Brother Doud accused me of violating Scripture by not telling the fault between them and we alone. We told him this Scripture did not touch the case; there was no trespass here against me; that the case before us was one of them that had been mentioned by the apostles, those who sin reprove before all, that others may fear. You may judge this storm did not help us any in the preparation for the meeting. When we entered the schoolhouse, we found the people nearly all assembled; about one hundred forty were present. 1LtMs, Lt 6, 1868, par. 6

Your father wished me to speak in the forenoon. As I laid off my cloak, Brother Miller came and said I was invited to speak in the afternoon in the Methodist meetinghouse, which had been dedicated a few days [before]. Your father spoke with great clearness upon the law and gospel. There was the very best attention. I have never heard anyone handle the subject as your father, in such a clear, convincing manner. After this discourse, we took a few mouthfuls and entered the Methodist meetinghouse, [which was] crowded full. Twenty stood, because there were no seats. I spoke from these words, “Thou shalt love the Lord thy God with all thy heart and with all thy mind and with all thy soul, etc.” [Matthew 22:37.] I brought in the life, trial, crucifixion, death, resurrection, ascension and second coming of Christ. The Methodist minister and his people were all present. I had freedom in speaking, although there were no arrangements made to lower the windows and the house was very much heated and the stove smoked. I spoke about one hour and half. The people gave the very best possible attention. After I sat down, your father spoke a few minutes and closed the meeting. I was surprised to learn that the Methodist minister spoke from this text in the forenoon. The people wondered how I came to speak upon the very text. One of the wealthiest and most influential men in town inquired who had informed Mrs. White that the minister received ideas that he had never thought of before and thought he would learn something. Your father’s discourse was the subject of conversation everywhere. The general impression was, no one could get away from the conclusion that the Sabbath was binding. 1LtMs, Lt 6, 1868, par. 7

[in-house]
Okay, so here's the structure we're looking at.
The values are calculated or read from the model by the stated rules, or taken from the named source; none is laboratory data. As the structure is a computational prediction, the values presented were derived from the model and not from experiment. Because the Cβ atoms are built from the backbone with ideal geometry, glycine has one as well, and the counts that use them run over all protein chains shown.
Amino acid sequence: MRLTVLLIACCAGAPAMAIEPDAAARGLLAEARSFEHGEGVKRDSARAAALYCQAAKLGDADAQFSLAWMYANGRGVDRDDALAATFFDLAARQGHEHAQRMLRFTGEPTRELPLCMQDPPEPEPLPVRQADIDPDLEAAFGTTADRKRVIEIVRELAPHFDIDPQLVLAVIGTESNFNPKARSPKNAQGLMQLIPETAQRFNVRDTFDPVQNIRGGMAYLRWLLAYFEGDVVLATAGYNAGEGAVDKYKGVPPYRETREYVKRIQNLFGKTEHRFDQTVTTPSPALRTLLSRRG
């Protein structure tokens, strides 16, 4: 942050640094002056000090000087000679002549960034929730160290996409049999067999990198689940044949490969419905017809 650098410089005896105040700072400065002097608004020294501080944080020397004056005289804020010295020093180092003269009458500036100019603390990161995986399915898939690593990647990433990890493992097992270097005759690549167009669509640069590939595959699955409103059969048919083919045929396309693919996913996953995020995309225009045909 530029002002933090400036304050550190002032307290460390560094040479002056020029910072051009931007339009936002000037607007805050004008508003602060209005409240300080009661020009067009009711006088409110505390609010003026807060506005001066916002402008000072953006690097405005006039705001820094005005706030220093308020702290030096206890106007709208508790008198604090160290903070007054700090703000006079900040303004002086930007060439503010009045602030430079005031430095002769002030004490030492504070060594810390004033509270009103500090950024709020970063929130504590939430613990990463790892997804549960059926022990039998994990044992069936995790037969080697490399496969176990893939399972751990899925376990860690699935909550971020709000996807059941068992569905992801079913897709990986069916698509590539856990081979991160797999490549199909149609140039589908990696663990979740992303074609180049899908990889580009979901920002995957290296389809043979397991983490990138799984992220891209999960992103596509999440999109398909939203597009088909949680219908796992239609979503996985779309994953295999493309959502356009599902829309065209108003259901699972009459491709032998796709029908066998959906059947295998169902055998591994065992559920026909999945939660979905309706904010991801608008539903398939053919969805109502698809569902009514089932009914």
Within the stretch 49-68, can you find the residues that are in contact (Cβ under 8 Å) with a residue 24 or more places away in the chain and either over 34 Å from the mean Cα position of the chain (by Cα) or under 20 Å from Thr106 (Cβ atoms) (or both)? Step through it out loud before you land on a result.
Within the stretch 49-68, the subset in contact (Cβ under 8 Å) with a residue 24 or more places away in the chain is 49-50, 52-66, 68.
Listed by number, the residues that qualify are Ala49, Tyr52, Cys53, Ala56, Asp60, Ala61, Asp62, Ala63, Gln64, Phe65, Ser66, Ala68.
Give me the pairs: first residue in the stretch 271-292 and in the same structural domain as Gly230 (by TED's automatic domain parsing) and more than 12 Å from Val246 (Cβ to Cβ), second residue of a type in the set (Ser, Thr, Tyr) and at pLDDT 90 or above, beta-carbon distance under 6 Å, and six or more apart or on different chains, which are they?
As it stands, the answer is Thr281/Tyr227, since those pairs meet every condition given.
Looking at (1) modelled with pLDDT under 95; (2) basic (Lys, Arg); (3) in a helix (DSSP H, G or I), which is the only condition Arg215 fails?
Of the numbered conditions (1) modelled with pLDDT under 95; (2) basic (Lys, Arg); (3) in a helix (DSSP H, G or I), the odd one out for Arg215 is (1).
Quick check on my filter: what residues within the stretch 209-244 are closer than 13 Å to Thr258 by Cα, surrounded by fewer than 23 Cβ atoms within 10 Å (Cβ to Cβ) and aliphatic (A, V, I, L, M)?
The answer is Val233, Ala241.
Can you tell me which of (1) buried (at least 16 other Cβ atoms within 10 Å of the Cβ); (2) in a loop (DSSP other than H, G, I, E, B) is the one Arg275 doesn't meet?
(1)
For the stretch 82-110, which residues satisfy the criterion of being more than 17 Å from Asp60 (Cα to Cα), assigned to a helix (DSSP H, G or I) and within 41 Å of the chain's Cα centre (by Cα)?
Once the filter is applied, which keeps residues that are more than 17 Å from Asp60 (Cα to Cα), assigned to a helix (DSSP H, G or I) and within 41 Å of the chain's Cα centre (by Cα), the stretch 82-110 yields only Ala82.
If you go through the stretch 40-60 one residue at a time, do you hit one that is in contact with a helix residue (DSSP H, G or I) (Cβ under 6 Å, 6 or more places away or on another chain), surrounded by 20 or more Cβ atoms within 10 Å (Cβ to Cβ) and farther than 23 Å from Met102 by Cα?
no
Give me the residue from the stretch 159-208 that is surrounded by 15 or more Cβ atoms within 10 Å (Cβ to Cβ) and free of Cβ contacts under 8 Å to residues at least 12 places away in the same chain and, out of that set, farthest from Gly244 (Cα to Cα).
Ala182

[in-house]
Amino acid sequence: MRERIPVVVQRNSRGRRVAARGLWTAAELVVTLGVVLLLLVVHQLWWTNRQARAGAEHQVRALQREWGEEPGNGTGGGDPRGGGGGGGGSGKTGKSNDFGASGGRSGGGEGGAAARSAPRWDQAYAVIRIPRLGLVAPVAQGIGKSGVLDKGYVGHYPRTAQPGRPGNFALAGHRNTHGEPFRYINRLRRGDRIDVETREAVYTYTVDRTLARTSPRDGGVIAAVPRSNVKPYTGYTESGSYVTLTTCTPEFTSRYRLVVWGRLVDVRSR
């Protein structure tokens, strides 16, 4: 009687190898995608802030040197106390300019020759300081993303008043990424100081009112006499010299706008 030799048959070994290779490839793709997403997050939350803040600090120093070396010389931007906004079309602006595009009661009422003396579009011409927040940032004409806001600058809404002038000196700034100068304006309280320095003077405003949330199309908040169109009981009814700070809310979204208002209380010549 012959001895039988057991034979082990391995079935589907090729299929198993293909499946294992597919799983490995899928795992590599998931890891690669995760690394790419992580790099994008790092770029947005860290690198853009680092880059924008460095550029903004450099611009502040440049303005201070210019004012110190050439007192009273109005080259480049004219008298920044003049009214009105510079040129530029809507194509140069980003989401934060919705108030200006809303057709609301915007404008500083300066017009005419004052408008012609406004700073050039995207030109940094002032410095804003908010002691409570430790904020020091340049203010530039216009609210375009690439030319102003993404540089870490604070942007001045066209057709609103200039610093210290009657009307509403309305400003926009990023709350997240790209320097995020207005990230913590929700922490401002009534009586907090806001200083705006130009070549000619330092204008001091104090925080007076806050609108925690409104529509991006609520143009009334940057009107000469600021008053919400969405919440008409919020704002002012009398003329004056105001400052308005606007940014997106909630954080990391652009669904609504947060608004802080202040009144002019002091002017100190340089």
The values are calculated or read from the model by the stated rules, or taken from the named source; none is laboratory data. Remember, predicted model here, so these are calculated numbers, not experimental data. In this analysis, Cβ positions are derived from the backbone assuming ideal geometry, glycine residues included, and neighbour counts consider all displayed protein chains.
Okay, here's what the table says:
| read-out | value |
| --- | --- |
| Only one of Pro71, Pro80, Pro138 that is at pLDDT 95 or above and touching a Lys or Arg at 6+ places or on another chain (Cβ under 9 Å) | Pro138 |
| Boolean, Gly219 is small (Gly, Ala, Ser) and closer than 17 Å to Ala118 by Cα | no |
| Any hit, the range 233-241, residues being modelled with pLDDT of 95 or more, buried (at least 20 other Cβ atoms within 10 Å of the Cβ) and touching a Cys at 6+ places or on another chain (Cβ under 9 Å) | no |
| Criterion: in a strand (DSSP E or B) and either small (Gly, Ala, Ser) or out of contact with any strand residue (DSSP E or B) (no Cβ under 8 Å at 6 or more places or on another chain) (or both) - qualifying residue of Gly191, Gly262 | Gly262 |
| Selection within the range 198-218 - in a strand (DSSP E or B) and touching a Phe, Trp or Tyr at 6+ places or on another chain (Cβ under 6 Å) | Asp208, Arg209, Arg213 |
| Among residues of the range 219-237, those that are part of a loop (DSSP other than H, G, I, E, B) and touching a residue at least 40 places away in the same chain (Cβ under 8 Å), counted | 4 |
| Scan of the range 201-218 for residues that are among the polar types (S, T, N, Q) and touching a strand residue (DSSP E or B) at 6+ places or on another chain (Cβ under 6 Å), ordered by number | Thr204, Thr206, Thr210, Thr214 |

We returned to Brother Spooner’s wearied exceedingly. We longed for rest, but found we could not have it. About one dozen young sisters and older brethren and sisters filed into the sleighs and we had a houseful. 1LtMs, Lt 6, 1868, par. 8